The Affordable Care Act presented a vision, and now officials at the State and local levels are working feverishly to adapt and plan for the future. However Obamacare services are ultimately delivered, it could have significant impacts on local governments.

Already, millions in California receive medical services through county agencies. In Los Angeles, more than 821,000 people visited a County medical facility, including 306,000 visits to emergency rooms and trauma centers.

“The County is an essential partner with the State and with the Governor’s administration in ensuring the success of federal health reform,” reads a statement issued by the County of Los Angeles in response to Thursday’s release of the Governor’s budget. “We are providers, hospitals, clinics and health systems; we administer the eligibility systems that will enroll people into coverage programs, and we provide carve-out mental health and substance abuse disorder treatment services.”

The Los Angeles Department of Health Services has an interest in continuing to work with State and Federal parties towards the ultimate expansion of Medicaid – set to take place on January 1, 2014.

Last time federal Medicaid was expanded, the number of patients serviced at County facilities experienced a dramatic reduction – highlighted by the decrease in births at County facilities. Before Medicaid was expanded, 43,000 babies were born at their facilities. Now, fewer than 3,000 are born at those facilities each year.

As explained in a report from the DHS to the Board of Supervisors, Michael Katz, the Director of the Department of Health Services explained that a “decrease in volume of say 30% may result in a decrease in expense of only about 5-10%… but will not affect the big cost drivers of the hospital.”

Those costs include the physical plant, specialized doctors, and internal systems.

Learning from the past exodus of patients in Los Angeles will require reforms, while expeditiously preparing for new responsibilities. Katz’s report recommended 23 different programmatic and operational reforms.

“We are only 13 months away from the Medicaid expansion. Failure to rapidly take the necessary steps… to prepare for the ACA implementation will result in huge financial shortfalls or closure of facilities, or both.”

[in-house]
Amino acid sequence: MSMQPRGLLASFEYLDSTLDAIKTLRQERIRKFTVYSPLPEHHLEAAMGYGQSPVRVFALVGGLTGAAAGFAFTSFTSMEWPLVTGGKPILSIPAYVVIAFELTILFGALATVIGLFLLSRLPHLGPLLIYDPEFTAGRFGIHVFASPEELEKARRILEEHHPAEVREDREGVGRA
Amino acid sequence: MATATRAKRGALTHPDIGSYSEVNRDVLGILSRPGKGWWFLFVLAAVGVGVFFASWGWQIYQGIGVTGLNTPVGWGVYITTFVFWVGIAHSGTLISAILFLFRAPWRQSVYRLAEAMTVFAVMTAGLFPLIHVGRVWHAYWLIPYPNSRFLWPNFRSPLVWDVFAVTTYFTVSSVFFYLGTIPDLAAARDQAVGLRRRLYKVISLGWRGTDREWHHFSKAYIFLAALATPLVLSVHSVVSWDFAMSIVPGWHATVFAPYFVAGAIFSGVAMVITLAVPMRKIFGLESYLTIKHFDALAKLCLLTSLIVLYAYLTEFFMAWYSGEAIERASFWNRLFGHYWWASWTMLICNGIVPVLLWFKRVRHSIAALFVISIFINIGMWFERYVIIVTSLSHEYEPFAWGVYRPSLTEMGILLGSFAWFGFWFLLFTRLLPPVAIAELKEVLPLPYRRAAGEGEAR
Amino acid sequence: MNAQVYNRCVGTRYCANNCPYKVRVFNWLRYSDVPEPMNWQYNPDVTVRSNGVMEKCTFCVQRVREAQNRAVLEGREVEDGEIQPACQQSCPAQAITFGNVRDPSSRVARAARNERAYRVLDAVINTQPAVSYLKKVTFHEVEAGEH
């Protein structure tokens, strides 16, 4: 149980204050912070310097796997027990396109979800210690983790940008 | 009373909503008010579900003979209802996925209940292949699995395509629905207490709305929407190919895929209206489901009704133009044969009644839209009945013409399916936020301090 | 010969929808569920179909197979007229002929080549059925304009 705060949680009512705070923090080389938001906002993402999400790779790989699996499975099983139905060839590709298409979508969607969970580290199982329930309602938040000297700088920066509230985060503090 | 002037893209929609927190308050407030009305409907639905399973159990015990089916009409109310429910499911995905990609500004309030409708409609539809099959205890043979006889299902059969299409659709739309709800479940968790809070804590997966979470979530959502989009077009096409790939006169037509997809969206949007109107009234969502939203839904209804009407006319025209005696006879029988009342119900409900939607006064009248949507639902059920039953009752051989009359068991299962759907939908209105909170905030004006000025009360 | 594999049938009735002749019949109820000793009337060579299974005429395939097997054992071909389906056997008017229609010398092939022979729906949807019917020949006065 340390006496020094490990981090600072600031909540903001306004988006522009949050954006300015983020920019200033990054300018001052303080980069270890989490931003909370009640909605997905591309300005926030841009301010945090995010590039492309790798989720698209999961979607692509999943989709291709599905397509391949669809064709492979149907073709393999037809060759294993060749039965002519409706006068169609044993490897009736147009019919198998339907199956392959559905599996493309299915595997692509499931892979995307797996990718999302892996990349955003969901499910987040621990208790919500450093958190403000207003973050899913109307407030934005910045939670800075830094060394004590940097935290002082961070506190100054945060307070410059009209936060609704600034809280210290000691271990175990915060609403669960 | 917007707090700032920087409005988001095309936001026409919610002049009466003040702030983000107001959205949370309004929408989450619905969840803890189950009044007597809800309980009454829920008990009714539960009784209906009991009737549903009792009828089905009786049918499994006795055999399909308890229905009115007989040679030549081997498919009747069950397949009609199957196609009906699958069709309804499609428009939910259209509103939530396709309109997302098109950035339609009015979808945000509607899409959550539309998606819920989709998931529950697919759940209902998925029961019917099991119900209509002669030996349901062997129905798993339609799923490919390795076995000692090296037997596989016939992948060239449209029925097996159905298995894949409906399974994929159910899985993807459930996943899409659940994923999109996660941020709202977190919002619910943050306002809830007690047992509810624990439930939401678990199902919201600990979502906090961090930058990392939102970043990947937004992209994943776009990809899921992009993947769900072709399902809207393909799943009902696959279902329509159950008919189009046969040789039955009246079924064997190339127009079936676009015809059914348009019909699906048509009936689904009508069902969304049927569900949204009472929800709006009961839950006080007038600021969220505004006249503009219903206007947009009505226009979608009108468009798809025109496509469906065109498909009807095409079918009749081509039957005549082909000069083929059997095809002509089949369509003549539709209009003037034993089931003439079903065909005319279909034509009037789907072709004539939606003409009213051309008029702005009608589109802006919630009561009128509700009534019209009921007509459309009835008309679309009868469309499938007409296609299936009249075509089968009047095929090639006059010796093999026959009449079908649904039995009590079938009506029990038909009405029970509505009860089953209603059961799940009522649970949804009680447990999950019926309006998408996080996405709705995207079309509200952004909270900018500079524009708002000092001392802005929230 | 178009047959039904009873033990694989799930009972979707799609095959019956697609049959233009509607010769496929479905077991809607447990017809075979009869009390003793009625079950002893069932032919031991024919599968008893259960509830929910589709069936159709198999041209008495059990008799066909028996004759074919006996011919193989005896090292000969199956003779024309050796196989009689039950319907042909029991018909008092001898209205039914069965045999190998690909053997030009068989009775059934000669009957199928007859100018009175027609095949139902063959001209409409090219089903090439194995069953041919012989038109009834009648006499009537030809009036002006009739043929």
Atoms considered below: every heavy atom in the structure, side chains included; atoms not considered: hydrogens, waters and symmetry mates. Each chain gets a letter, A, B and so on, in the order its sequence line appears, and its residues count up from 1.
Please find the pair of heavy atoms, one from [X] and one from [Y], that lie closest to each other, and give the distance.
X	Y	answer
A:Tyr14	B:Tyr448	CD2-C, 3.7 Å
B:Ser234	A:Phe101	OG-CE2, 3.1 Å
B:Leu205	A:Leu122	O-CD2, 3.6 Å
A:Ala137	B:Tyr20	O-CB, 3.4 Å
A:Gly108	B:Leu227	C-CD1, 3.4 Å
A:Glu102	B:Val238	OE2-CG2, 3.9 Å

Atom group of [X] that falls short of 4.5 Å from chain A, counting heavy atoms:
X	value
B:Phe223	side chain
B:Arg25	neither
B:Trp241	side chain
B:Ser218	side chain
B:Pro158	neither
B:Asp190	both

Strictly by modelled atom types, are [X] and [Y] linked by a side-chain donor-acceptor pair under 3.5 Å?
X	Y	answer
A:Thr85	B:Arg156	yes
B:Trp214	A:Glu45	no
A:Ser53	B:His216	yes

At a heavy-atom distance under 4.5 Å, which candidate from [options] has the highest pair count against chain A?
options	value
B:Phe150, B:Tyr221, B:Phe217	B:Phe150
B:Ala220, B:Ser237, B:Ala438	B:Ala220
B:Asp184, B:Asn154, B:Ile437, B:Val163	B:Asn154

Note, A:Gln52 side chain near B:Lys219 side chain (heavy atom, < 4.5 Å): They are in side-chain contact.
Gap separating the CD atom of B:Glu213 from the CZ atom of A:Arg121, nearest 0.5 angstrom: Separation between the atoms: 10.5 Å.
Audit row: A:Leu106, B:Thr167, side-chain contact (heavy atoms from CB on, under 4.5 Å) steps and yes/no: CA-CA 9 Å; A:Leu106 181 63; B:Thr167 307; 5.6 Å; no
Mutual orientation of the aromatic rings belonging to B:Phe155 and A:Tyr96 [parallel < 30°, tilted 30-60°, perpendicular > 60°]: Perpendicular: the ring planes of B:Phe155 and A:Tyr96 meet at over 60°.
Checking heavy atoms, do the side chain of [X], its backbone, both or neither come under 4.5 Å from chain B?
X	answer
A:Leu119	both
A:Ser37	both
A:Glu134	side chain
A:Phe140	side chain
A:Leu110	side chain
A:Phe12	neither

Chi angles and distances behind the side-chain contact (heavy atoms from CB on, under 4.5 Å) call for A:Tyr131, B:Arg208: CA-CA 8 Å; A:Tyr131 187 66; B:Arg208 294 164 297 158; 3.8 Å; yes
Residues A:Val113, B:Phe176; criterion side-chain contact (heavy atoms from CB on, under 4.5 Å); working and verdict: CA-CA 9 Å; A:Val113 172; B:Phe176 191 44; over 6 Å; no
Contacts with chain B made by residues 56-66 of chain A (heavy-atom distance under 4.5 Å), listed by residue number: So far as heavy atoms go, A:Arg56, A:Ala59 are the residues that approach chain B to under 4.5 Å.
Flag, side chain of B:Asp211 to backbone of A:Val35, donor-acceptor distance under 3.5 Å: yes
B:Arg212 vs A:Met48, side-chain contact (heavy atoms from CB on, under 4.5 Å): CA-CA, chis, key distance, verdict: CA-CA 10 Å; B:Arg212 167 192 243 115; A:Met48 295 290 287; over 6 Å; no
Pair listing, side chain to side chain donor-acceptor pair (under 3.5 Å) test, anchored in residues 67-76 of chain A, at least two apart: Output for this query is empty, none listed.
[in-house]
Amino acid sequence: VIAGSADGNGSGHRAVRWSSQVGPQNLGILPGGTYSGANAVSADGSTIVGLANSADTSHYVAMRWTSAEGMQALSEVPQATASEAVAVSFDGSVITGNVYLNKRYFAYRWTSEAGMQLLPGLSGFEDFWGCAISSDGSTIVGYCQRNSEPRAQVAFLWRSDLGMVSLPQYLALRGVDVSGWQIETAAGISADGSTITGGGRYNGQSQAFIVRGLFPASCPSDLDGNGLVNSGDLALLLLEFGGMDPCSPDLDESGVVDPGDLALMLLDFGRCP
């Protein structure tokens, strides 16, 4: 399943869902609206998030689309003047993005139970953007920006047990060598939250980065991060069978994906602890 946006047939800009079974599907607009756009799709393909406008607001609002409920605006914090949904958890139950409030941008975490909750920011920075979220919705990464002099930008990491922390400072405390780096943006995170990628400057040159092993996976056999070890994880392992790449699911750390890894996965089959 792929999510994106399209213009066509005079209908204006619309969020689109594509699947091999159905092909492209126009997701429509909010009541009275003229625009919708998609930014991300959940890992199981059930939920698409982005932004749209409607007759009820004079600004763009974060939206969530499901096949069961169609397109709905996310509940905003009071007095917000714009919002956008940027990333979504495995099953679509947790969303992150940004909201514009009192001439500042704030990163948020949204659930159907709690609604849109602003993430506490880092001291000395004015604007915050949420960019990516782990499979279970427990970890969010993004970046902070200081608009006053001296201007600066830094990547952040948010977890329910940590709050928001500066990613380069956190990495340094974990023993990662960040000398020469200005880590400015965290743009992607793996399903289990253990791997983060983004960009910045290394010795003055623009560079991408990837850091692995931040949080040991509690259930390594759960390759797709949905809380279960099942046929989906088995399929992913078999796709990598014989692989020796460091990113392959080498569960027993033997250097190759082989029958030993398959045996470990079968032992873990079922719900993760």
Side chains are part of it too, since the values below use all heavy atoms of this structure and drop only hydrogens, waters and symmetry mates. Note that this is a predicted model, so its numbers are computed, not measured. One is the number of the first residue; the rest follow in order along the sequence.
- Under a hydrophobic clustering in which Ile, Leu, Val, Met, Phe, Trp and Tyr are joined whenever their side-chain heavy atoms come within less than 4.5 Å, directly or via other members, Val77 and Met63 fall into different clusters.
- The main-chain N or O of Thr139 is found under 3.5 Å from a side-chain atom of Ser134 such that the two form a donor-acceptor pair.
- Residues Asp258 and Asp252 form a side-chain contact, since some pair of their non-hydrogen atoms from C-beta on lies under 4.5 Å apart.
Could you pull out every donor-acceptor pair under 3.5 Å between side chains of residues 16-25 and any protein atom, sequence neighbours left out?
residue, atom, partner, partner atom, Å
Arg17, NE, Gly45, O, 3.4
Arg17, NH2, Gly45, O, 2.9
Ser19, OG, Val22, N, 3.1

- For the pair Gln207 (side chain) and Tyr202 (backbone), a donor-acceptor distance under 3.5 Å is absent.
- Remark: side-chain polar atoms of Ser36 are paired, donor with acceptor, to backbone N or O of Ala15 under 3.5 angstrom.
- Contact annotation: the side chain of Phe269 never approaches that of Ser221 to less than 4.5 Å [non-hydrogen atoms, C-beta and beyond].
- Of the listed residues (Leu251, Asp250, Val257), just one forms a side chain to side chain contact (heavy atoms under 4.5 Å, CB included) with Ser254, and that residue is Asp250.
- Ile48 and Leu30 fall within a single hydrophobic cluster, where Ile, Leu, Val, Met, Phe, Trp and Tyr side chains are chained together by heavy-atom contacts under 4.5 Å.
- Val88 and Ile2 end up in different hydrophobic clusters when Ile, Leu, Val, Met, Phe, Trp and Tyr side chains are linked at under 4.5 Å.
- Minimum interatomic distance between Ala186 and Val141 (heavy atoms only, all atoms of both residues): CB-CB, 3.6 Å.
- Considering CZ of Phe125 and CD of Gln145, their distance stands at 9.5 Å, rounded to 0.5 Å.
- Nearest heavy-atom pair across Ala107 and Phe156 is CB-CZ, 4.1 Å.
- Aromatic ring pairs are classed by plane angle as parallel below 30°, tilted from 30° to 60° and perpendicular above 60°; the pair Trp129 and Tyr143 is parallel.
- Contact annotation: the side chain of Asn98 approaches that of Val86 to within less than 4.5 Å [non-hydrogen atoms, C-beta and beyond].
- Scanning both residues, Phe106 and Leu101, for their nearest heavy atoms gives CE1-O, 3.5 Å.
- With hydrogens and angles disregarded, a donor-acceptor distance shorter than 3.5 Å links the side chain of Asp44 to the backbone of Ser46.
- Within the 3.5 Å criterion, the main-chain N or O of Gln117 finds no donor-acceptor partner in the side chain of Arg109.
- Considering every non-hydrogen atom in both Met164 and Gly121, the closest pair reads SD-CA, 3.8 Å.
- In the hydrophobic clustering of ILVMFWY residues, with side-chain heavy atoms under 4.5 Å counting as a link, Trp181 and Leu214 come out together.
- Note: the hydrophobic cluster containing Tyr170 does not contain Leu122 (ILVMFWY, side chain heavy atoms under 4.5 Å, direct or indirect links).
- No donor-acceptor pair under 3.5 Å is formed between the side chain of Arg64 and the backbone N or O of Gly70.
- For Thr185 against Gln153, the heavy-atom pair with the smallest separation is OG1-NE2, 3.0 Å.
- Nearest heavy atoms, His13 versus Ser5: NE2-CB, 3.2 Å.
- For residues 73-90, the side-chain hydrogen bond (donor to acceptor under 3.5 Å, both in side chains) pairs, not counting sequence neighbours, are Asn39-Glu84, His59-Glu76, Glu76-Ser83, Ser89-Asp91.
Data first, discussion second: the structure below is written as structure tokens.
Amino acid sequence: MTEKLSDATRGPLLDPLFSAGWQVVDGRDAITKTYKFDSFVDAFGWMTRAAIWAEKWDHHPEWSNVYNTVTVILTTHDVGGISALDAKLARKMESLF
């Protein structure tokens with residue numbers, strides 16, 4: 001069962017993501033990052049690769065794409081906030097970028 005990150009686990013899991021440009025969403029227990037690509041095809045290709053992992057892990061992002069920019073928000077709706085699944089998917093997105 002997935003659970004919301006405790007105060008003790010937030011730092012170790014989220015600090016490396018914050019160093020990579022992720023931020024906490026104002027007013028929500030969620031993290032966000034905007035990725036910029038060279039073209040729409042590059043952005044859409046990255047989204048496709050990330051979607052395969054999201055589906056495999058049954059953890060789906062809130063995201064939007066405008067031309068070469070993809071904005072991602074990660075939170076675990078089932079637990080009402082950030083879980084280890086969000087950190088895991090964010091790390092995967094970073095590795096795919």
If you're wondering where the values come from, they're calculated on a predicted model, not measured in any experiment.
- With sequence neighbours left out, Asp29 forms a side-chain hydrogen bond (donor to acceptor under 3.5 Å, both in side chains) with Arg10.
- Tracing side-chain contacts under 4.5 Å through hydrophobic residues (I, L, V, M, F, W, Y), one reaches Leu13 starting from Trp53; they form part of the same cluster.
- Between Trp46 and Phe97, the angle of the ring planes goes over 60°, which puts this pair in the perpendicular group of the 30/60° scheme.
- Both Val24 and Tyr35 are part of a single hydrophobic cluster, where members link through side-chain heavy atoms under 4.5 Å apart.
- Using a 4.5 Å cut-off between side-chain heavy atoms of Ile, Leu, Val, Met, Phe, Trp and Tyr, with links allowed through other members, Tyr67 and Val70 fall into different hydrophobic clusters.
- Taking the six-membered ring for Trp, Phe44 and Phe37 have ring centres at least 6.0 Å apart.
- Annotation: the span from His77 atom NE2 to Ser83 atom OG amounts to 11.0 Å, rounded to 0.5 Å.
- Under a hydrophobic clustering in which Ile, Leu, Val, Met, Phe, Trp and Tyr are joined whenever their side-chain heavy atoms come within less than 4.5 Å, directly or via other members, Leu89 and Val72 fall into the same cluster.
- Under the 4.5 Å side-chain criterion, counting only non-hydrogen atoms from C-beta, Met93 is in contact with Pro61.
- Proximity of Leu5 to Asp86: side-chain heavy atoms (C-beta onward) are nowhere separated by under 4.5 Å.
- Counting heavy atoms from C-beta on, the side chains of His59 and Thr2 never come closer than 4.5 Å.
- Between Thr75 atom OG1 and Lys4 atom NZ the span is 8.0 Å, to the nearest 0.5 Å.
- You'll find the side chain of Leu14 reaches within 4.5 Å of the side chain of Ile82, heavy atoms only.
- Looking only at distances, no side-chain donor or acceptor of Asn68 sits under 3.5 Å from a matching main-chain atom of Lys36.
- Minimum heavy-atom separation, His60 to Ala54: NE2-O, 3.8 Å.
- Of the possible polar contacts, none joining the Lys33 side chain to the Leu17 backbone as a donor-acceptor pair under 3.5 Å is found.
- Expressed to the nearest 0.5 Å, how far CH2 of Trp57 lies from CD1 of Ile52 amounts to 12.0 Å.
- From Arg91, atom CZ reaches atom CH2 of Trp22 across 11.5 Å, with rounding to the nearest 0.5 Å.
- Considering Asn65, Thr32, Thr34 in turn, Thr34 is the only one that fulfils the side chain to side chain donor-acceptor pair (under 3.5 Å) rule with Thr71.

Now, with less than 12 months left until the Affordable Care Act becomes reality, the Governor has released a state budget that calls for an expansion of Medi-Cal, a healthcare exchange, and other provisions of healthcare reform. But the details of the plan remain to be finalized.

“Counties have a lot at risk,” wrote the California State Association of Counties on their website in response to the Governor’s healthcare budget. “Counties could end up assuming more responsibility, more risk and possibly higher costs with no additional resources to pay for it.”

The cost of expanding Medi-Cal in the Governor’s budget was defined as $350 million, but that number is admittedly a placeholder while the true cost is determined.

The ACA calls for an optional expansion of a Medicare-style service to adults earning up to 138 percent of the Federal Poverty Level. According to CSAC’s Budget Action Bulletin, counties have been invited to participate in a dialogue to determine how Medi-Cal could best be.

There appear to be two options for realizing such an expansion. First would allow the state to administer a program, where “Counties would assume programmatic and fiscal responsibility for various human services programs.”

The other would be to expand the current Low Income Health Programs operated by counties.

Whichever approach is adopted, time ticks away as the state, counties, hospitals, and their respective officials, scramble to design and implement massive reforms with direct impacts on millions of Californians.

11 months, 17 days until the Affordable Care Act is operational.